Hooligans and Junkies Are Taking Over Mar Vista
If you want to take the island, burn the boats, so said Julius Caesar. Or simply, the inmates are running the asylum. Embellished, however, for those who live in (or visit) Los Angeles City Councilman Mike Bonin’s Third World neighborhood of Mar Vista, you may be subjected to one or more of the following: running puddles of human urine, mounds of human excrement, street fights, gang bangers, drug dealers, psychotic pill poppers, heroin junkies and/or their epidemic plethora of syringes and needles throughout the neighborhood. Mar Vista is under siege.
With the decriminalizing of so-called homelessness — ideologically something I staunchly support, however not at the expense of public health and safety — has come a seedy underworld contributing to the decline of community, culture, health and safety.
Although often times part and parcel, not all homeless are drug addicts and not all drug addicts are homeless. I’m honored to call several homeless people my friends, and they are fine human beings who live drug- and crime-free lives. This is not about them.
That said, as a longtime (renting) resident of the barrio, I’ve certainly had enough of this petty bourgeoisie lumpen liberal apathy, essentially condoning
and supporting degenerate behavior. In short, Mar Vista is a microcosm of the greater whole controlled by undermining and failed leadership, who (I believe) knowingly and willingly operate within (and are obedient to) a broken system of a privatized shadow government.
While the hands of public safety officers appear to be legally tied, local gangbangers and drug dealers are inundating our Mar Vista streets. Oh the hypocrisy, as local crime rates appear to coincide with the already problematic and absorbent rise in cost of living; while heroin needles pile on to our streets in front of the Mar Vista Post Office (home of the family-friendly Mar Vista Farmer’s Market), Grand View Boulevard Elementary, nearby preschools, various places of worship, residences and small businesses.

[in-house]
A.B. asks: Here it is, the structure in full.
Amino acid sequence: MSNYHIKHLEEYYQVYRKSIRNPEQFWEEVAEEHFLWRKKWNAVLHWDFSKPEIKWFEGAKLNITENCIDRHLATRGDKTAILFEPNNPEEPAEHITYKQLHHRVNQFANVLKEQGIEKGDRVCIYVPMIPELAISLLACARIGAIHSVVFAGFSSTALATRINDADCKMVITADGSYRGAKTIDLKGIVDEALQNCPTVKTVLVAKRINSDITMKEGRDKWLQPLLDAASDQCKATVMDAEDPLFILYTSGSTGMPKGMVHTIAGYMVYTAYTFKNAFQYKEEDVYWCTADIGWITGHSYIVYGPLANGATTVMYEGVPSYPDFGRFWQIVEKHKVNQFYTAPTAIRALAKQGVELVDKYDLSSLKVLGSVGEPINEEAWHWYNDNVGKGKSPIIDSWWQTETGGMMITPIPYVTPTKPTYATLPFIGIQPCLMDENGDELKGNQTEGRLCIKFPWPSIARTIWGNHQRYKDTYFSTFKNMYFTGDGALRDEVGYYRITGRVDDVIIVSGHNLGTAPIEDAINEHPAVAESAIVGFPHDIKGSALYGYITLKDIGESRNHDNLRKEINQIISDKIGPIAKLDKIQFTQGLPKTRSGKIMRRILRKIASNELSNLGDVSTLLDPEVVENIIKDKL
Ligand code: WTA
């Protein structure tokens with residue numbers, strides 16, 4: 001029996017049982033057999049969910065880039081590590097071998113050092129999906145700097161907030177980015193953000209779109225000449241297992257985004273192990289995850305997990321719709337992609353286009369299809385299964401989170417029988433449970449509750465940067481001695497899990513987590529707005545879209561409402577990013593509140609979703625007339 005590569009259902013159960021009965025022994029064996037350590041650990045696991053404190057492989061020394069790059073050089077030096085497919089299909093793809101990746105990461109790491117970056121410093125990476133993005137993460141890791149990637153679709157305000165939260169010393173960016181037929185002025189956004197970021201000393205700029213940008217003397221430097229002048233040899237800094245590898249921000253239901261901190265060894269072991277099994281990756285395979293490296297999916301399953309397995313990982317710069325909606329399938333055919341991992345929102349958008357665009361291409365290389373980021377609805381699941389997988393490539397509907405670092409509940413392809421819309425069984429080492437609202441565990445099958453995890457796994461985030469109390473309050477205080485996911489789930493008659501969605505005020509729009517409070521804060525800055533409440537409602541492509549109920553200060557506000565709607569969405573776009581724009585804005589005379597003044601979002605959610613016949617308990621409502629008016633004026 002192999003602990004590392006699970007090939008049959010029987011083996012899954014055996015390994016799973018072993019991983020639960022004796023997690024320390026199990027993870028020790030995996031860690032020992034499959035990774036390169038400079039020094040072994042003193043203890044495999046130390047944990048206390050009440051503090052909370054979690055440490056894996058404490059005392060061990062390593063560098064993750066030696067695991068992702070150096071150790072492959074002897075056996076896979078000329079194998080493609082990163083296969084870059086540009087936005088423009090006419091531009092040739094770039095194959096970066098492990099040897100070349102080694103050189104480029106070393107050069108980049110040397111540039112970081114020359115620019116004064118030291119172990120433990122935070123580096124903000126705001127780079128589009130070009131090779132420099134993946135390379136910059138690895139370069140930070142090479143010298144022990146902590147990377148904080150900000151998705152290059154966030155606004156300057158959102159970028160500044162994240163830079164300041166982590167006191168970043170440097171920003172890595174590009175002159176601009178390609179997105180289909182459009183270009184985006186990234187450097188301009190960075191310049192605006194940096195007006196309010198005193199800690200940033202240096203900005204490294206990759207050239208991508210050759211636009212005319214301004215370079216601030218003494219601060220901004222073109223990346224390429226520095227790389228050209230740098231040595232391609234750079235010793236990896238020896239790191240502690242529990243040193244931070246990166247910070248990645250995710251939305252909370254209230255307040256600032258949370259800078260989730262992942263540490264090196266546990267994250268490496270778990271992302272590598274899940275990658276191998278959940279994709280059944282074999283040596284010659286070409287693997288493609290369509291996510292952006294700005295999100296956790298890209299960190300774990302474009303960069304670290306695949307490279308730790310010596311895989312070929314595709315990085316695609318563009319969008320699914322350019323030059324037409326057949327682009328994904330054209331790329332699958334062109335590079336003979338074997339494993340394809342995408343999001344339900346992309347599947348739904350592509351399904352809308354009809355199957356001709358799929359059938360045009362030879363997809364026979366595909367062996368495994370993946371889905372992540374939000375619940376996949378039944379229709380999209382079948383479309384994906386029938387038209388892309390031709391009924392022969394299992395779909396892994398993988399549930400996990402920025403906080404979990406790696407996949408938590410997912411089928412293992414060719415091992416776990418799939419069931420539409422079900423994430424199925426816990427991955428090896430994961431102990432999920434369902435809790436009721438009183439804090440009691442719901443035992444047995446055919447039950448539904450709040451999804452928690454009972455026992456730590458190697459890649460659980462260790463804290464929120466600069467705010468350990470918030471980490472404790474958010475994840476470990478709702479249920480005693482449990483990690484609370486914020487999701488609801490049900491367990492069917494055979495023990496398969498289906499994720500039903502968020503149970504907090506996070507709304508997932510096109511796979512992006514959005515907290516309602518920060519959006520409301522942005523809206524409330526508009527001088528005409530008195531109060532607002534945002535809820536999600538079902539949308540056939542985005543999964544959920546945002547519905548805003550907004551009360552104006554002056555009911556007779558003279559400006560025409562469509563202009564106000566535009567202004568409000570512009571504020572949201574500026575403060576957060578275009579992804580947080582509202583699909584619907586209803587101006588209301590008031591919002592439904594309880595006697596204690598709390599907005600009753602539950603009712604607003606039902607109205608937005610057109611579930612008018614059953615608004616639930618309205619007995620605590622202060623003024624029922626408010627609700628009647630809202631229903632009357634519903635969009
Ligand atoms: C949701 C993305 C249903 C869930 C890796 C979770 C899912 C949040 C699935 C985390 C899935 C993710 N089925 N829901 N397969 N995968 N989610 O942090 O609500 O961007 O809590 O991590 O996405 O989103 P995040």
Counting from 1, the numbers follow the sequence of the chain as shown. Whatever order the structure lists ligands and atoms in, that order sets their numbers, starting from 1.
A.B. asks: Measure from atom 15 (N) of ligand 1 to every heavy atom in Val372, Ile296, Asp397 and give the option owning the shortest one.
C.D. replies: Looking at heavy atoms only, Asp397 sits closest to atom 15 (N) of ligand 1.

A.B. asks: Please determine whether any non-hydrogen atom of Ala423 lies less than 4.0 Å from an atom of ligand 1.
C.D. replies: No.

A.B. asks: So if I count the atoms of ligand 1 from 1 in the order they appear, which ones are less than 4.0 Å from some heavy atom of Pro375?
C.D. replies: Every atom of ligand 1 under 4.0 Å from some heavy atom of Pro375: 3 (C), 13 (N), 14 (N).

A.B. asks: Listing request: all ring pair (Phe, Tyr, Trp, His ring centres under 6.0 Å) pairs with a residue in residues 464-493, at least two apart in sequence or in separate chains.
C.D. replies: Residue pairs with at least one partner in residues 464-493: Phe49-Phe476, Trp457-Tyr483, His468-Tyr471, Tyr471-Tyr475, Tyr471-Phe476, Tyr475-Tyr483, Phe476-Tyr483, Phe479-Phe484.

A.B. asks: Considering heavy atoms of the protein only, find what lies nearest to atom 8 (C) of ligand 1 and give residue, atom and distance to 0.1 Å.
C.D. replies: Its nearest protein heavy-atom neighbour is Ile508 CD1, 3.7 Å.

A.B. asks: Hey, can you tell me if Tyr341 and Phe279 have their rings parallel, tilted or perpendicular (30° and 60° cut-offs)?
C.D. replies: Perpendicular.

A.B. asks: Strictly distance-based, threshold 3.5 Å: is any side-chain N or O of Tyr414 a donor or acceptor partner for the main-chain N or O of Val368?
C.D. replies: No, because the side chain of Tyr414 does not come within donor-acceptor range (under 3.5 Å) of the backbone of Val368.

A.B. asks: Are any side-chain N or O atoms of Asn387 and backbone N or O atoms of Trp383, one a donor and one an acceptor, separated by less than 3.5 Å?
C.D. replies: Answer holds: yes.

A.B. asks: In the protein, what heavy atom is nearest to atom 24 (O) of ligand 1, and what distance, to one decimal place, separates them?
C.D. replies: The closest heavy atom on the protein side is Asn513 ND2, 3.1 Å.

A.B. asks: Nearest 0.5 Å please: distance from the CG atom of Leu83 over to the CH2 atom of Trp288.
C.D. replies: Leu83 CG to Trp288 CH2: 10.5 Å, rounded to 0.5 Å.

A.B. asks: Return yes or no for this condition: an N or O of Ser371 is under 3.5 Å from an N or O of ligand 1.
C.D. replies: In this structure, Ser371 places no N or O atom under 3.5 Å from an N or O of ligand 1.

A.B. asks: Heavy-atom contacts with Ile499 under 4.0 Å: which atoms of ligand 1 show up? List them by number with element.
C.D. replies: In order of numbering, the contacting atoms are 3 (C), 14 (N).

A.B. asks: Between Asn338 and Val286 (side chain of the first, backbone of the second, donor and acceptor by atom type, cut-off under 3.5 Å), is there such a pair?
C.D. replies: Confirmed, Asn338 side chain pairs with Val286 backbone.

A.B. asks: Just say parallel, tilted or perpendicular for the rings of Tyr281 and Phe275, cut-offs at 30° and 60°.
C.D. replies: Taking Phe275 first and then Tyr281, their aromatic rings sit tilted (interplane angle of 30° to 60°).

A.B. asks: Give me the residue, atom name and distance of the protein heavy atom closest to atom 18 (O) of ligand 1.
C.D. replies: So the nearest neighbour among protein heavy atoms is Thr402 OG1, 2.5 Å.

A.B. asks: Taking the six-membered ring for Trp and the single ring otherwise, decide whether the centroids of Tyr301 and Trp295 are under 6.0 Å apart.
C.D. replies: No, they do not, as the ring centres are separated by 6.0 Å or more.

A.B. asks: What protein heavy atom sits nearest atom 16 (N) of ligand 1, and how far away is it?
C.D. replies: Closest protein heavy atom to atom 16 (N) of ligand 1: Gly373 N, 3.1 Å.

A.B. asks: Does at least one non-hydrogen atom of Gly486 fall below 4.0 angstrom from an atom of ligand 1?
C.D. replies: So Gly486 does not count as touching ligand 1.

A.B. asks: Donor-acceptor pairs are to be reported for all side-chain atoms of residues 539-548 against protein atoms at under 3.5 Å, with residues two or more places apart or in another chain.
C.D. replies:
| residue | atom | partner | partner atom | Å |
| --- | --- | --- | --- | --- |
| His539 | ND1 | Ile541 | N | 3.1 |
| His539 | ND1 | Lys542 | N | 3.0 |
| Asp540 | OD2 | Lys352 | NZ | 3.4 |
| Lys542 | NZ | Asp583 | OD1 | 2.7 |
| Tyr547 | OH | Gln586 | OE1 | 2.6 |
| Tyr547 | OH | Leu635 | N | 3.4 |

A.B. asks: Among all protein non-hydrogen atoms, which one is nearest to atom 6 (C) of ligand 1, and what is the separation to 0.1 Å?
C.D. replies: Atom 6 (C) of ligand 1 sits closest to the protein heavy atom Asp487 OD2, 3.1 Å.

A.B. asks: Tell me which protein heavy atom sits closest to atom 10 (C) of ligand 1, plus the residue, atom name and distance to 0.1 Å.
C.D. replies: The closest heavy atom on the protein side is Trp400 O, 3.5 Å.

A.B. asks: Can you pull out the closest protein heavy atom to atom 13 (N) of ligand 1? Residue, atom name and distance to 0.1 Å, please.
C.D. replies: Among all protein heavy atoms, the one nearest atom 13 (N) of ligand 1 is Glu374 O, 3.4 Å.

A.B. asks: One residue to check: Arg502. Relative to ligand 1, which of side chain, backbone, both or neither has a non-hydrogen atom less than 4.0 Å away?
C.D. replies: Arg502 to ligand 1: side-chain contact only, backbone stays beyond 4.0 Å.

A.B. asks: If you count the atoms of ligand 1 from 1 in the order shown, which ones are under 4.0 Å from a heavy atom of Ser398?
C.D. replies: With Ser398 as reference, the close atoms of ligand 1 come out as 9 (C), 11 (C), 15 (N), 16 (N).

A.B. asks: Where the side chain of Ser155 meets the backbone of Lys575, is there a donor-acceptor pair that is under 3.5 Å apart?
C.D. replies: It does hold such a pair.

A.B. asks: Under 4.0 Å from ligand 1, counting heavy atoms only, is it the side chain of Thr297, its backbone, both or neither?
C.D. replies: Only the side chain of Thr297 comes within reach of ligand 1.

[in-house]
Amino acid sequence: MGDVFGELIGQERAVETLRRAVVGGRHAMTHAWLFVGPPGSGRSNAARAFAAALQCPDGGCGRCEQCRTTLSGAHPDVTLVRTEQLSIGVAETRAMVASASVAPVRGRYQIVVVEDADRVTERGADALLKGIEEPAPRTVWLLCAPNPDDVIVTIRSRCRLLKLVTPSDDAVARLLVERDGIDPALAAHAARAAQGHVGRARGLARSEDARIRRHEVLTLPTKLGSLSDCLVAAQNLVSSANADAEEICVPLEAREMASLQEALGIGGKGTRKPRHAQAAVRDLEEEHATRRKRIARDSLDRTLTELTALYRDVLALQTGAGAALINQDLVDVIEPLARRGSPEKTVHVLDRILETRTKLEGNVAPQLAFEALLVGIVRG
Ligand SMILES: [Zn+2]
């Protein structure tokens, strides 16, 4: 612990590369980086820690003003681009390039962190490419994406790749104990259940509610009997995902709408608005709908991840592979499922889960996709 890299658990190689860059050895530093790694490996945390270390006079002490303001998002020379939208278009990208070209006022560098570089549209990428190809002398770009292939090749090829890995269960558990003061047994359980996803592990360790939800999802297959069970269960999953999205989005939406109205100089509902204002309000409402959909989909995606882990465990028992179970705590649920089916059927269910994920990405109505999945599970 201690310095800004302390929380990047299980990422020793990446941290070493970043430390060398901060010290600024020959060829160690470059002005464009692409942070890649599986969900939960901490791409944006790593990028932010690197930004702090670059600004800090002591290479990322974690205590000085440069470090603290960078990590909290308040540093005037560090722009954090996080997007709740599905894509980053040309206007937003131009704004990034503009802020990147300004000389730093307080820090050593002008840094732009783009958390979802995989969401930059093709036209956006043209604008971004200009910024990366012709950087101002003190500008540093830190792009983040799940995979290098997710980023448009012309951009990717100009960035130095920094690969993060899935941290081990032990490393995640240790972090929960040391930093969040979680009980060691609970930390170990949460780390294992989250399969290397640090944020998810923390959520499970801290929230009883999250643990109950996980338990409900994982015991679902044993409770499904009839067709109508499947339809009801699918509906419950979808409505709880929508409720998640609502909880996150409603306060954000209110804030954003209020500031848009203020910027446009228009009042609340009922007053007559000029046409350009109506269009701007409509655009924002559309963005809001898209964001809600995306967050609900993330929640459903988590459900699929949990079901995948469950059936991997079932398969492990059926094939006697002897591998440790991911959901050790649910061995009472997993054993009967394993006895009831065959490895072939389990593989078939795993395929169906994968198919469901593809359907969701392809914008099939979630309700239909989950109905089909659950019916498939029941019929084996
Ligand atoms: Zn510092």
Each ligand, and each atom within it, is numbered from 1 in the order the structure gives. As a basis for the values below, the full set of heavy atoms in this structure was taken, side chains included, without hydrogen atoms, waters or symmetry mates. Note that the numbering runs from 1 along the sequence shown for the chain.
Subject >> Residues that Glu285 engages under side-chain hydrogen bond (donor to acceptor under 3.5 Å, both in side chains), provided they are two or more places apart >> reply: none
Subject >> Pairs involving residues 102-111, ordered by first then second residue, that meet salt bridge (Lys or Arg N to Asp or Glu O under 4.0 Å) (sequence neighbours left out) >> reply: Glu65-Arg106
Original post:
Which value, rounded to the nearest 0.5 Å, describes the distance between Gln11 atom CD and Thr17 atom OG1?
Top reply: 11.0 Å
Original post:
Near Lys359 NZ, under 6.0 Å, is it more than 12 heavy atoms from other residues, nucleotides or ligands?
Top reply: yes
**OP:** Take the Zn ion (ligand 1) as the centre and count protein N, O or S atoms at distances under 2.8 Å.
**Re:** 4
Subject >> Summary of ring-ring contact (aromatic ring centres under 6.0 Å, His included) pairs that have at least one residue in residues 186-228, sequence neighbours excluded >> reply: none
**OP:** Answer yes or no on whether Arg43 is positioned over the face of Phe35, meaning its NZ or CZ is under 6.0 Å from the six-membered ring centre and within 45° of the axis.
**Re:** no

Ironically, as Mar Vista continues to “improve” and “grow” (i.e. gentrify), our quality of life diminishes — even drastically depletes. To what end, Bonin? Is this your “gentry-topia”?
How shall we mitigate our local blight? This ultimately global epidemic speaks to a larger systemic problem, but can we as a neighborhood please collectively address the cleaning of the “living room” we all share? Let’s create and maintain successful solutions together.
Johl Smilowski, Mar Vista
Life is Full of Surprises
Re: “Developer Flattens Ecologically Sensitive Beach Dunes,” News, Aug. 15
Having been involved with Legado’s dealings in Playa del Rey for years, I didn’t think there was anything else they could do to shock or disrespect a community in which they want to develop three significant parcels of land.
I was wrong.
Julie Ross, Playa del Rey
New Trash Cans Would Help a Lot
Re: “Public Health Ties Rat Infestation to Google Campus, Not Homeless Encampments,” News, Aug. 15
The health inspector must’ve gone by on a Friday after sanitation workers had just cleaned the area. I don’t know why the city doesn’t just put rat-proof trash cans on Third Avenue. It would be safer for everyone.
Travis Binen, Venice